Mai Mai militia in the Democratic
Republic of Congo have attacked a guard post in Congo’s Virunga National Park,
killing one ranger and wounding another.Thursday’s raid on the park station of Mulango ya Nyama close to Mount
Tshiaberimu took place near the home of an isolated population of 18 eastern
lowland gorillas, once amajor tourist
attraction in the upper end of the park. It is in an area further north of the North
Kivu province fighting that has involved rebel leader Laurent Nkunda’s CNDP
forces and the Congolese army, but is subject to periodic land grabs by the
marauding surrounding population. The park employs some 600 staff in
conservation work, and park director Emmanuel de Merode says that slain ranger Kakule Safari was a valiant
defender of the park’s endangered living treasures.
Safari was a good person, and he was a father.He had three children and a wife.He was a gentle person, and he was deeply dedicated to his work.He worked alone with gorillas for several
years.He was also a capable,
intelligent ranger.He had come up
through the ranks and was training as a para-veterinarian.And we really felt he had an important role
to play in the future of those gorillas,” said de Merode.
nighttime raid by Mai Mai was unexpected and targeted six rangers manning a
park watch station.De Merode says the
staff fought off the attackers courageously and took one of the band
prisoner.But in the process, he says
the defenders lost a valued colleague.
actually managed to capture one of the Mai Mai officers, who has been arrested
and is now detained in Butembo Prison.So it was extremely unexpected and extremely violent. They fought very
hard even though they were far outnumbered,” he noted.
vast Virunga reserve, which spans much of the length of the eastern DRC with
Rwanda and Uganda, has been subjected to an unrelenting disruption of its recreational
and educational tourism due to unpredictable flashpoints of aggression by a
broad mixture of armies, local militias, and rebel forces caught up in a
conflict that is being fueled by an unrestrained flow of weapons and money.Emmanuel de Merode’s official base of
operations is near the southern end of the park, near the city of Goma.But he says menacing situations have occurred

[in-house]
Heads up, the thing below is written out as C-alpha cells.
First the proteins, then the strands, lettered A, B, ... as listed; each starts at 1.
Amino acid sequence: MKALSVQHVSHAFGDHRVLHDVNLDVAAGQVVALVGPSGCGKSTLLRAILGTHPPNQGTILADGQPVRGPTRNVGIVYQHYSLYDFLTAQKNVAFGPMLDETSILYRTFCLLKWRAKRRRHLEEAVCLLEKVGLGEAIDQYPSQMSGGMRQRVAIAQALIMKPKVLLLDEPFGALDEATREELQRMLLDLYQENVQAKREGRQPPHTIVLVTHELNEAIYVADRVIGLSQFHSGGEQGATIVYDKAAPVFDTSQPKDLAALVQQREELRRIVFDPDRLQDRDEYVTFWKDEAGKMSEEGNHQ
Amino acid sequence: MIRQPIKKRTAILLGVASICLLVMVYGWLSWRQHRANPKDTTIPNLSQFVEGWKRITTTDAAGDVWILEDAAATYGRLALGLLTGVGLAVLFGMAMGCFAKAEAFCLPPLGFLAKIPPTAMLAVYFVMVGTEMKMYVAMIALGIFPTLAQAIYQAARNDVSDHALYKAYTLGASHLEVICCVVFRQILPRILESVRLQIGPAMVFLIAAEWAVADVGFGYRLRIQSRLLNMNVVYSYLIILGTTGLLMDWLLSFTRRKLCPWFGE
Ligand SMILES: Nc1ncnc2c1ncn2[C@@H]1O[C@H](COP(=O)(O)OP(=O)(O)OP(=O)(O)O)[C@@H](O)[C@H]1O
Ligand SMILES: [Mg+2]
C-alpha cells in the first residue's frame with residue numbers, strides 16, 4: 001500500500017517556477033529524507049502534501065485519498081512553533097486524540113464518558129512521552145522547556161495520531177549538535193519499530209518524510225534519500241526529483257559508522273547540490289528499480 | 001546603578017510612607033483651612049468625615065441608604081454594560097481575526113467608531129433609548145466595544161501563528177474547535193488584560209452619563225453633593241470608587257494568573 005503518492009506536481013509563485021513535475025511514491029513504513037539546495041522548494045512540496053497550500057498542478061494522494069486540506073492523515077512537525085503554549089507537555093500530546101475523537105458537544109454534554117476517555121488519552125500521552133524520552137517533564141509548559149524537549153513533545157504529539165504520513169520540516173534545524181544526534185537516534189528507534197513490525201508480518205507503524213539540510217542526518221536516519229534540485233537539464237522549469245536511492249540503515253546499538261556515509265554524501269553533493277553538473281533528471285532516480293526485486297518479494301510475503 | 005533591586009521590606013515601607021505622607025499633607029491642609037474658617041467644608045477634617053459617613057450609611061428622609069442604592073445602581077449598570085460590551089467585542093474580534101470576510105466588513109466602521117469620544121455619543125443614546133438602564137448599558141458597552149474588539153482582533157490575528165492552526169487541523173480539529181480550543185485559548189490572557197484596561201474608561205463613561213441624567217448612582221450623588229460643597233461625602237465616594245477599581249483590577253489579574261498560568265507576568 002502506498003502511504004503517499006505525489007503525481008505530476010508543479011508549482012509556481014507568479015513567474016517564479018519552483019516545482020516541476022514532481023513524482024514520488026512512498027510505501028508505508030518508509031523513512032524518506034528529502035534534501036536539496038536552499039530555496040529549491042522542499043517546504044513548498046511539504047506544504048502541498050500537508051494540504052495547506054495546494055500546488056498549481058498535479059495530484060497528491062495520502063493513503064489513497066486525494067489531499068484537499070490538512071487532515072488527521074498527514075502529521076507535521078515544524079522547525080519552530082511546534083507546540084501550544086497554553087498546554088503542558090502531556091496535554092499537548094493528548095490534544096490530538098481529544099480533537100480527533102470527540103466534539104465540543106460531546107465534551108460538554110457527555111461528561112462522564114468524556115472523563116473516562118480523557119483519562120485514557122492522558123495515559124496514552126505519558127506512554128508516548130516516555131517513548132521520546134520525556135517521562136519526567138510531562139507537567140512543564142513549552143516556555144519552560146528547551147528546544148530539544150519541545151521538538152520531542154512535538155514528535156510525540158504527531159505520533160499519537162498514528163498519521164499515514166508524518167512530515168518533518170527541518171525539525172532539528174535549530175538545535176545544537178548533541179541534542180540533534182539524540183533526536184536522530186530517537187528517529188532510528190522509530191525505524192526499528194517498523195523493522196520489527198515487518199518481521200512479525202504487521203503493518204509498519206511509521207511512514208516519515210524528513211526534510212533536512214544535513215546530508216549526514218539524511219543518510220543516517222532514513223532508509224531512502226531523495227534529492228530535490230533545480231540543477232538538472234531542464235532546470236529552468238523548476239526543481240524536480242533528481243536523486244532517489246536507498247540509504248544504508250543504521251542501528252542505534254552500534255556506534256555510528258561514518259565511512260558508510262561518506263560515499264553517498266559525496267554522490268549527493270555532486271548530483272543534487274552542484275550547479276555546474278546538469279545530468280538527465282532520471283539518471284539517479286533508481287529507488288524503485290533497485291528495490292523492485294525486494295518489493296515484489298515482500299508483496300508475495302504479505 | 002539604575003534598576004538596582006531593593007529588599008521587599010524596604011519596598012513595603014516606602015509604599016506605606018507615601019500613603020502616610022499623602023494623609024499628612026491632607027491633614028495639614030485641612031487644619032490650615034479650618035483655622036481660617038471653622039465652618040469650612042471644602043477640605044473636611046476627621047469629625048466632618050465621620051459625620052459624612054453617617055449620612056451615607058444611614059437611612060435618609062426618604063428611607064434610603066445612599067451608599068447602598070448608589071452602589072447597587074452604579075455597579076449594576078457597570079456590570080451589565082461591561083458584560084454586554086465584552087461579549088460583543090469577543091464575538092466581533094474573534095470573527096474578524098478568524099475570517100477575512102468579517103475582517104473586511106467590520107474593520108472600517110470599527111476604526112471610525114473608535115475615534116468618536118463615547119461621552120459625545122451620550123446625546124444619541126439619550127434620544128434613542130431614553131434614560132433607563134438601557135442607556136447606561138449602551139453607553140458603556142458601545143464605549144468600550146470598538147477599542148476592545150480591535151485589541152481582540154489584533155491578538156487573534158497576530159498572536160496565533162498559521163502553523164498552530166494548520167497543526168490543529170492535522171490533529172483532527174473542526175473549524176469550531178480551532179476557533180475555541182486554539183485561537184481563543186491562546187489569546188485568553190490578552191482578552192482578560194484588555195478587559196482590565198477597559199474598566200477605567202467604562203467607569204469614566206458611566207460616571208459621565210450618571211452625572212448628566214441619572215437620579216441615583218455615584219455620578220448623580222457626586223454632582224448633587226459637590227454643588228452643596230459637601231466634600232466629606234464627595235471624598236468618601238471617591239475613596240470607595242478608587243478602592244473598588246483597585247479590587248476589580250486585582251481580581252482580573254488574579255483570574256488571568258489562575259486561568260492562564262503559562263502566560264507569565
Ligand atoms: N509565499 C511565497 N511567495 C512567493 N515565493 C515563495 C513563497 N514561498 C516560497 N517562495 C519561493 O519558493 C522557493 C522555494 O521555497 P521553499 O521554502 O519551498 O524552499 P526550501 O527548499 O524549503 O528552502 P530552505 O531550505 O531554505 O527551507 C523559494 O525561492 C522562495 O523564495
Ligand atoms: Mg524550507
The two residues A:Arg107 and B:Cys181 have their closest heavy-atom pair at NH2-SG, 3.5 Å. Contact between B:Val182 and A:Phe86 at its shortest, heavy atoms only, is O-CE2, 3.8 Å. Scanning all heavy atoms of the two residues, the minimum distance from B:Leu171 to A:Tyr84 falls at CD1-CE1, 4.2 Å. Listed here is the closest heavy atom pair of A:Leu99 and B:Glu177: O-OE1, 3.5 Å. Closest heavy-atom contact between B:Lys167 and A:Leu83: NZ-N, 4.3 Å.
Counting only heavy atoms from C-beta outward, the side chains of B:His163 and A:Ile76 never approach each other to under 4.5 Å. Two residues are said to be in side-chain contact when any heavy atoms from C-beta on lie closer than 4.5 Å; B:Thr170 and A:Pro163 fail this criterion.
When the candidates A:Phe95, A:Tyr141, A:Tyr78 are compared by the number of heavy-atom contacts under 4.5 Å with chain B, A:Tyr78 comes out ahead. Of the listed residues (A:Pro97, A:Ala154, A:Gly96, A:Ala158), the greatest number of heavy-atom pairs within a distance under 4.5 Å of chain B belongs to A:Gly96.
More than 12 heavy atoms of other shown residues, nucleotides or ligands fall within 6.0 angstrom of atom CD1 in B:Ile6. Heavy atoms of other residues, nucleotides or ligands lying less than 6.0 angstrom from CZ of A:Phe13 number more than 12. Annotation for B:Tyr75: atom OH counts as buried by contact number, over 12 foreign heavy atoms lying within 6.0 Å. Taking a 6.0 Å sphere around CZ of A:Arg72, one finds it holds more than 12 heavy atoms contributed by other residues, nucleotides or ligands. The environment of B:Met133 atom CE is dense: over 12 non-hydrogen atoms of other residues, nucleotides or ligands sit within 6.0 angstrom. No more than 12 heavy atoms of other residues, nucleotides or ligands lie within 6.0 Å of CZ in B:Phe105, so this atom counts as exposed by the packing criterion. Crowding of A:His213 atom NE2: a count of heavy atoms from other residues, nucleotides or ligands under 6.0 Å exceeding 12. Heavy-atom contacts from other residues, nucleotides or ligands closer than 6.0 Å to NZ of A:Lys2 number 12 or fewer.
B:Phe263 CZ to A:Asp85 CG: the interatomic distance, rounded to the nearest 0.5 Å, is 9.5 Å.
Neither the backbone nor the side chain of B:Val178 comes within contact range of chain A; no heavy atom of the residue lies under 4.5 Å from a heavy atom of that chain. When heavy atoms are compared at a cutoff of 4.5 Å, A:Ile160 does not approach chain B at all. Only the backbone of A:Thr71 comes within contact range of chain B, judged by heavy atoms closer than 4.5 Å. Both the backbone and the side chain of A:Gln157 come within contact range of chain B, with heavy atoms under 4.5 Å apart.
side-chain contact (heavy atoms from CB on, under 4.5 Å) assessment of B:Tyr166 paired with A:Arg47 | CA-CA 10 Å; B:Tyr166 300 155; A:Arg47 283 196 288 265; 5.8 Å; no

throughout the park, with the latest bloodshed transpiring further to the
been heavy fighting between government forces and CNDP, that’s Laurent Nkunda’s
rebels, but also heavy fighting between the CNDP and Mai Mai and SDLR (Rwandan
expatriate Hutu forces), so it’s a complicated picture.It was very intense fighting across much of
the park.The incident last week was
quite a long way further north,” he says.
security situation in the park has become so precarious that the park director
says his large staff of conservationists, park rangers, and their immediate
families have had to become IDPs – internally displaced persons.
“Most of our
activities have been badly unsettled by the fighting.We’ve got about half of all of our staff,
that’s over 300 people – over 15-hundred people, if you include their families
– currently in internally displaced camps in the park.So the situation’s extremely bad at the
moment,” he observed.
because of the official, government-backed nature of their work, the Congolese
Wildlife Authority park rangers and their families do not meet the same kind of
refugee status as other dislodged civilians in the country, who are entitled to
the limited government and NGO services and attention.De Merode, who also heads the international
Wildlife Direct conservation group, says his staff is bravely trying to live
through these particularly rough times.
“We’ve received some help.But on the one hand, we’ve had one problem,
which is that the national park authority are a law enforcement agency.And so often, we are not allowed to have aid
and the beneficiaries of humanitarian assistance.There’s a real problem there.We’ve received some support from the general
public, from conservation groups, but it’s quite limited,” he pointed out.